On the morning of June 27, 1874, a force of 700 Comanche, Cheyenne, Kiowa, and Arapaho warriors led by Comanche Chief Quanah Parker attacked Adobe Walls. The hunters and proprietors, which numbered only 28 men at the time of the attack, took refuge in two stores and a saloon. Bat Masterson and a hunter named Billy Dixon were among the men. Although vastly outnumbered, the men's superior weapons and the stout walls they sheltered behind enabled them to hold off the Indian forces for 3 days with only 4 deaths while inflicting as many as 50 deaths to the Indians.

On the 3rd day, 15 Indian chiefs and warrior leaders met for council on the side of a hill 7/8 of a mile (1,538 yards) from the post. As they sat on their horses arguing over whether to continue the battle or abandon it, Bat Masterson knowing Billy Dixon was the best long-shot among them, jokingly pointed at the Indians and said, "Hey Billy, why don't you show us how good you are? Go ahead and take a shot at those Indians with your Sharps Big-50."
Picture taken from the approximate site where
Billy Dixon took his incredible shot. The Indian he
shot was sitting on his horse on the side of the hill
in the center left.


Billy climbed up into the small loft of the store they were in, made adjustments to the long-range finder on his Sharps, took aim and fired. The heavy recoil from the gun knocked Billy backwards and he fell through the attic trap door with several boxes and other items falling on top of him. He fell onto a table which broke apart and fortunately cushioned his fall. As for the Indians, if they noticed the white puff of smoke from the loft window, they no doubt chuckled at the stupid white man wasting powder and lead due to the impossible distance. If they were quiet, 4.1 seconds later they would have heard the distant bang of the Sharps. No doubt they were shocked when 1.2 seconds later one of the chiefs was hit and knocked from his horse. They hurriedly picked up the mortally wounded chief and rode further away and behind the hill.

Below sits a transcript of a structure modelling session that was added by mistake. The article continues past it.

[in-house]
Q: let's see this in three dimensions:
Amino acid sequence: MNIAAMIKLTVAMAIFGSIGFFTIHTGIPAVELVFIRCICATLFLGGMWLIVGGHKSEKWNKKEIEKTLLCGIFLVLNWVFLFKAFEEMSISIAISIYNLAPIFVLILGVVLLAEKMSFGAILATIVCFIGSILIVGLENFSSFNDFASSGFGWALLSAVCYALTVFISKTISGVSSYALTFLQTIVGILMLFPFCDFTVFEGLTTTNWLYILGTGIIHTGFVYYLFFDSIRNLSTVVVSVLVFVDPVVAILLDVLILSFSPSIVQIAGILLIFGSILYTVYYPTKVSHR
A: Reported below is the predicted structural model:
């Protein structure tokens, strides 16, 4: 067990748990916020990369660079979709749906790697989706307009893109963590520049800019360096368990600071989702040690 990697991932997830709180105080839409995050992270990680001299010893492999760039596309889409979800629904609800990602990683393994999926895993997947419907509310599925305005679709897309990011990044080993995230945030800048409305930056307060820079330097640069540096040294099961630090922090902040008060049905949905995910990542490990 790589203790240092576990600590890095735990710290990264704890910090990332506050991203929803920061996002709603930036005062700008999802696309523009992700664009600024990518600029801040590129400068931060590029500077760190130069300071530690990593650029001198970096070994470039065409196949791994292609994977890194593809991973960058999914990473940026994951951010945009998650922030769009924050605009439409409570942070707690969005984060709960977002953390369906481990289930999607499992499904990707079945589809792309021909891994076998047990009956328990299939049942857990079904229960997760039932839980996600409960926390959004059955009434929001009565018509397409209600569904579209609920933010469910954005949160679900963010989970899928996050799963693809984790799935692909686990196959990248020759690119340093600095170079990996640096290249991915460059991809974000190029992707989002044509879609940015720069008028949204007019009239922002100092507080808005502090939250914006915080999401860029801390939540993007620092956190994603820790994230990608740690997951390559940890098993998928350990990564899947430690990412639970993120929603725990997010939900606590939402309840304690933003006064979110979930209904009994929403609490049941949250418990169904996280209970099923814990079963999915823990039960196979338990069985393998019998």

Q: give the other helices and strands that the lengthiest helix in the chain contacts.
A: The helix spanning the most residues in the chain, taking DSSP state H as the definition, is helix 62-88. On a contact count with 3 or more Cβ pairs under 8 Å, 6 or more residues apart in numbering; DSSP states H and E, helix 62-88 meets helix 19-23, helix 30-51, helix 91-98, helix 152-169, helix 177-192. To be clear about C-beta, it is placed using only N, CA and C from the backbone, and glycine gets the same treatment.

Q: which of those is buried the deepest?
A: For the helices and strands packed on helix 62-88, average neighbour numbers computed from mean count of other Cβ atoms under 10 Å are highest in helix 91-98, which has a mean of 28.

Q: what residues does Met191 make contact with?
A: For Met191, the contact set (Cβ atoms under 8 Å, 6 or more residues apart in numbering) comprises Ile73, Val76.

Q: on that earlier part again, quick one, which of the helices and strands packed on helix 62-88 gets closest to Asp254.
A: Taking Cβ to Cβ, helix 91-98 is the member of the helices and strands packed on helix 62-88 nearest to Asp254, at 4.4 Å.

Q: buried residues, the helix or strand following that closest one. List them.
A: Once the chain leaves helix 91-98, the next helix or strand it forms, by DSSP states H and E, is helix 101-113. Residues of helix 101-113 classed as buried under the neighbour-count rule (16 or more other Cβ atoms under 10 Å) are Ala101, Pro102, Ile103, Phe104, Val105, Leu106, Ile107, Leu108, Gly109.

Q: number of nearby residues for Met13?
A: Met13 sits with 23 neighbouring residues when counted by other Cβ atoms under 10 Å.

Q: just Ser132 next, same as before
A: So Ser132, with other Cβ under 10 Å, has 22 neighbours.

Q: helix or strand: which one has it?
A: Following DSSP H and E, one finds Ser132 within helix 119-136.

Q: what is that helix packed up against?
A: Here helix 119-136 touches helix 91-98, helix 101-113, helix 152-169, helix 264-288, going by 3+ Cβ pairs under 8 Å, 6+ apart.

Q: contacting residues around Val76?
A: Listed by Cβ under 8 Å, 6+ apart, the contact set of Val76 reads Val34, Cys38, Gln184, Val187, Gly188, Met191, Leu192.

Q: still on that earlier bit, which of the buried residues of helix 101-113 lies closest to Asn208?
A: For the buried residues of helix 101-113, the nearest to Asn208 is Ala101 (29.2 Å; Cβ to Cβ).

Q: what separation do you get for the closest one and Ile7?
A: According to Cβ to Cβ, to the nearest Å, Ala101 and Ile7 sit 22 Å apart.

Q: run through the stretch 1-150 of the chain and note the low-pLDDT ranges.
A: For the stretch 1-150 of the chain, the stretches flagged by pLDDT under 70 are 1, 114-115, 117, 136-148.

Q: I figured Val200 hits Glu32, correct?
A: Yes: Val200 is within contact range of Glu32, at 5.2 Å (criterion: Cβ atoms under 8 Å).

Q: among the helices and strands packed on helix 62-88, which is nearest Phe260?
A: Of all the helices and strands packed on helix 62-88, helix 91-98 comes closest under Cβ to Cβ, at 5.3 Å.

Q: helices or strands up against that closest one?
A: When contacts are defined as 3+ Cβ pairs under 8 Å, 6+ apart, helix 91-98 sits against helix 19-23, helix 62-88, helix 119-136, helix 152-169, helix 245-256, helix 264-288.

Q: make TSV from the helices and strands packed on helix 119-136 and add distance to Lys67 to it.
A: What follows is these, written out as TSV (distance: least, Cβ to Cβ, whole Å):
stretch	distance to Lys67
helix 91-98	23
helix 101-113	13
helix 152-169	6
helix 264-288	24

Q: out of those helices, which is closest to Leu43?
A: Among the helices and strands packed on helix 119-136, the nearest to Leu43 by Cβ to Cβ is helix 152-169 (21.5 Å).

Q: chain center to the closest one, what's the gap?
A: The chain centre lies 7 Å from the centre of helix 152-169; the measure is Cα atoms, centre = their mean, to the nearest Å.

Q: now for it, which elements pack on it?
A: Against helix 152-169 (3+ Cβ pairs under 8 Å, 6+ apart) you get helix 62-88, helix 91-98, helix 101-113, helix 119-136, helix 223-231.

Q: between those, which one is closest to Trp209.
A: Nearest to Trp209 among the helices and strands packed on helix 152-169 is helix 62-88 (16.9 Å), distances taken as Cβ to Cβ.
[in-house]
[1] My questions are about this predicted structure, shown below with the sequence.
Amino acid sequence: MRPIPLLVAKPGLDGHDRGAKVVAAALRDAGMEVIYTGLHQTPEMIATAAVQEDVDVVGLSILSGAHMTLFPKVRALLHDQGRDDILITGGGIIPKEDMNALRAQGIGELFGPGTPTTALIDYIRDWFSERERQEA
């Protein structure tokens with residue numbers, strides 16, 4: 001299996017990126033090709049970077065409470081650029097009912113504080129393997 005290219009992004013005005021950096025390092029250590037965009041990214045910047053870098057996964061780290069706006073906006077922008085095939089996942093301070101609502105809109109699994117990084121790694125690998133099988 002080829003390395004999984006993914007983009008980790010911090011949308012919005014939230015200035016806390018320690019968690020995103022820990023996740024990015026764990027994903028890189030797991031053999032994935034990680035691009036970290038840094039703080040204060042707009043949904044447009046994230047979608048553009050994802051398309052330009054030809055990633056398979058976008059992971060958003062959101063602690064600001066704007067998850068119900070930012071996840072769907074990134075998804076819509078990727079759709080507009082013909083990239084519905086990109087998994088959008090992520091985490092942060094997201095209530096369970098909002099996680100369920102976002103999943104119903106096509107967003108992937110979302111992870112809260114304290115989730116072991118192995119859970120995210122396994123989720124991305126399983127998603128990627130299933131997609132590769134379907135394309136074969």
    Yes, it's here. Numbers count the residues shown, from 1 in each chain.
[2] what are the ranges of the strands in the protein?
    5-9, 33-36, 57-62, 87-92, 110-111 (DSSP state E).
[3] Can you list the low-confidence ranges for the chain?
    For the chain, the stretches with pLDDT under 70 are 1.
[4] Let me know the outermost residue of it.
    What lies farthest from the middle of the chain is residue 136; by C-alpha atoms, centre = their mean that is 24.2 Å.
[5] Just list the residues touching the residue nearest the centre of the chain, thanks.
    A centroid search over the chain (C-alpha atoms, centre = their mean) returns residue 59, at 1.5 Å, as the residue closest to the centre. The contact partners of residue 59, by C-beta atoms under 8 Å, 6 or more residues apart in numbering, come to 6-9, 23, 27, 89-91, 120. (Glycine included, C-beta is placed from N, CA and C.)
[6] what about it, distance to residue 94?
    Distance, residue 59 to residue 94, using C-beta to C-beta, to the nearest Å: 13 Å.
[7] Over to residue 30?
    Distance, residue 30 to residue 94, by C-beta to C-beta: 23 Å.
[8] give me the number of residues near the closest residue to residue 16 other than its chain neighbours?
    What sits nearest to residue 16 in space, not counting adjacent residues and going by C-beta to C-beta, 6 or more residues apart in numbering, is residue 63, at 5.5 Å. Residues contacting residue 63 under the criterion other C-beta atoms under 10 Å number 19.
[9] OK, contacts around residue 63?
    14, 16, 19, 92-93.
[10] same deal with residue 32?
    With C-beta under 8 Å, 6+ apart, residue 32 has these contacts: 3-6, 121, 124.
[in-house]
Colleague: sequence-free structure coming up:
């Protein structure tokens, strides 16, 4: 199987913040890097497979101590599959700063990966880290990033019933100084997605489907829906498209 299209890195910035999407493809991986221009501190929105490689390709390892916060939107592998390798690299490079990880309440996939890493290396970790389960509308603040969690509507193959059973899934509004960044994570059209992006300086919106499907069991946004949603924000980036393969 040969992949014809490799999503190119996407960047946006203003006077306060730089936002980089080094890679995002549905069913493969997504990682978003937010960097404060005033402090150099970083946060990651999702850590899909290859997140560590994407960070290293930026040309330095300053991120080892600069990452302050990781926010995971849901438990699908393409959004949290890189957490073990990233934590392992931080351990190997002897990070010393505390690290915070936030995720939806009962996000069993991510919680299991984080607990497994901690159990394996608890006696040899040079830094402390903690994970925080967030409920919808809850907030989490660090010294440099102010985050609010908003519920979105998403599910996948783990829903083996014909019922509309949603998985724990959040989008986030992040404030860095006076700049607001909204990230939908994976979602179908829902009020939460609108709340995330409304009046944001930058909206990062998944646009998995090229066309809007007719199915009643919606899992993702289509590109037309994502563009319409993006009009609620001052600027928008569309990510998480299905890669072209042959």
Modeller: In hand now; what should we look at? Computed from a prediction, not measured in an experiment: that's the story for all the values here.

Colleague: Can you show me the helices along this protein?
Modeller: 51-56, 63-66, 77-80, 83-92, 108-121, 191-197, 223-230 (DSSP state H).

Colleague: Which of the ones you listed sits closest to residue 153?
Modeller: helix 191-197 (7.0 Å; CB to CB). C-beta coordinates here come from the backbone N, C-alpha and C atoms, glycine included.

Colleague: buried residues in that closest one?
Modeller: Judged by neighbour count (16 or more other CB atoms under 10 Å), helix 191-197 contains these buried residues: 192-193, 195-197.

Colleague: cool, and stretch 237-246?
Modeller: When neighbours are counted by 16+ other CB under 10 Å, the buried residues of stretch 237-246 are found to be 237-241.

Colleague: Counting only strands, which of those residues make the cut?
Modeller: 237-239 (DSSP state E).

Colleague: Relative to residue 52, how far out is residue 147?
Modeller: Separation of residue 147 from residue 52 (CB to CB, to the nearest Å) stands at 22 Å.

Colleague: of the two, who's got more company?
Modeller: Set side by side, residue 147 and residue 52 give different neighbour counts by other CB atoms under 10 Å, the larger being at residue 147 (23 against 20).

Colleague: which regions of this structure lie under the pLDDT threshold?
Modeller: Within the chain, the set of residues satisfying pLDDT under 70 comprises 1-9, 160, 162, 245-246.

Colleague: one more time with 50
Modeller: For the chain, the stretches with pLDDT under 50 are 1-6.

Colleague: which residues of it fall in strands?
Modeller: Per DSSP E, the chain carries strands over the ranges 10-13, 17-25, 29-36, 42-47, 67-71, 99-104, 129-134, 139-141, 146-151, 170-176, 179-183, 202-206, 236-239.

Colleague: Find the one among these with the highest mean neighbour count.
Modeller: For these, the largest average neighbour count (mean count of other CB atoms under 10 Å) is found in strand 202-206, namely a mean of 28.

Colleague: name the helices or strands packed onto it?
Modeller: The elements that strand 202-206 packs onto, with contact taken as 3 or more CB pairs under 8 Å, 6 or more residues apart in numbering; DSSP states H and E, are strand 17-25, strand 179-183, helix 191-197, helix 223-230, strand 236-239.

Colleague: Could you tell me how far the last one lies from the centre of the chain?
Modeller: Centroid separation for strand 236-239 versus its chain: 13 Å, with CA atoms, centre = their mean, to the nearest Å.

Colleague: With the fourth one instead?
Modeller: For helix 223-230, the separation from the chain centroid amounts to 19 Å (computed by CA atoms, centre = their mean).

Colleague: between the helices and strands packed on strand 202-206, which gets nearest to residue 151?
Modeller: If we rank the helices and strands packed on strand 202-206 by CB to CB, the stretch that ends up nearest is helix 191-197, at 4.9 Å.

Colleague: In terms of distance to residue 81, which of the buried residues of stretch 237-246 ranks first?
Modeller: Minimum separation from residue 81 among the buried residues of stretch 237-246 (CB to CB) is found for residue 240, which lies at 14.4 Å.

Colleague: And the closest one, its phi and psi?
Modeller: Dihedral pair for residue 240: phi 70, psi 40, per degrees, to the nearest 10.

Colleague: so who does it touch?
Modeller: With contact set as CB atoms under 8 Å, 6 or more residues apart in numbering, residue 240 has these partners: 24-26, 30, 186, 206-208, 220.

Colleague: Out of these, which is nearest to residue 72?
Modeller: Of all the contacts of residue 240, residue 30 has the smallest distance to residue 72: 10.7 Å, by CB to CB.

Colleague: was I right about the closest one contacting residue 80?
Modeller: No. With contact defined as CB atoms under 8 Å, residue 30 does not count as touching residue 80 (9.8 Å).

Perhaps they considered it an evil omen or perhaps they just wisely decided they no longer wanted to try and fight against men who could shoot with such accuracy from so far away, but they gathered up their warriors and horses and rode away to fight another day. The 2nd Battle of Adobe Walls had concluded and Billy Dixon went down in history for making one of the most remarkable shots ever.
Billy Dixon
Today, nothing remains of Adobe Walls except a couple of small markers, monuments, and the lonely grave of Billy Dixon. Billy died of pneumonia in 1913 and was buried in Texline, Texas, but was dug up and reburied in Adobe Walls in 1929. Even the small fresh-water spring which had provided life-giving water to the Indians, buffalo hunters and traders has completely dried up and vanished. The site is in no danger of being found accidentally as you have to travel miles down a pot-holed, 2-lane black-topped road out of Spearman, Texas, a nice little town of 3,000 which itself is pretty much in the middle of nowhere, to a gravel road barely wide enough for 2 cars to pass each other as long as one  of you moves over on the side off the road, to a 1-lane dirt road usually not shown on even the most detailed maps. Don't even think about driving this if the ground is still wet from a rain. After about 15 miles of nothing but cows - no other cars, no people, no houses, you come to a gate across the road. The gate is not attached to a fence, it is just a gate across the dirt road blocking you from going further down the road. Right before you unexpectedly reach this gate are the monuments of Adobe Walls. 

The lonely grave of Billy Dixon
Stopping at the gate, to the left almost a mile away is the hill where the Indians thought they were safe but Billy proved they were not. While my friend and road trip partner Chip and I were there, a few cows were standing around and there were so many "cow pies" it seemed the ground was covered with them. The isolation and silence was complete with not even a plane overhead to break the peace. It was easy to picture in your mind how this place looked long ago as the landscape hasn't really changed for hundreds of years. As we walked around taking a few pictures, mostly taking in the surroundings, we hardly spoke and even when we did, it was in low voices as if it would be sacrilegious to break the church of silence and solitude we found ourselves in. 

After some time had passed, my buddy was off a ways from me absorbed in his own thoughts so I walked across the dirt road toward the Indian's hill in the distance. On a whim, I reached down and grasped a dry cow pie and heaved it toward that hill. For a couple of seconds it went flying through the air like a Frisbee and I wondered just how far that thing would go. But then a little gust of wind blew and the cow pie Frisbee wobbled in the air and fell. It rolled a little ways, but then bumped up against several of it's own kind and stopped. It was once again just another cow pie among thousands. Several nearby cows looked at me for a few seconds and then, losing interest, turned their heads and ambled away.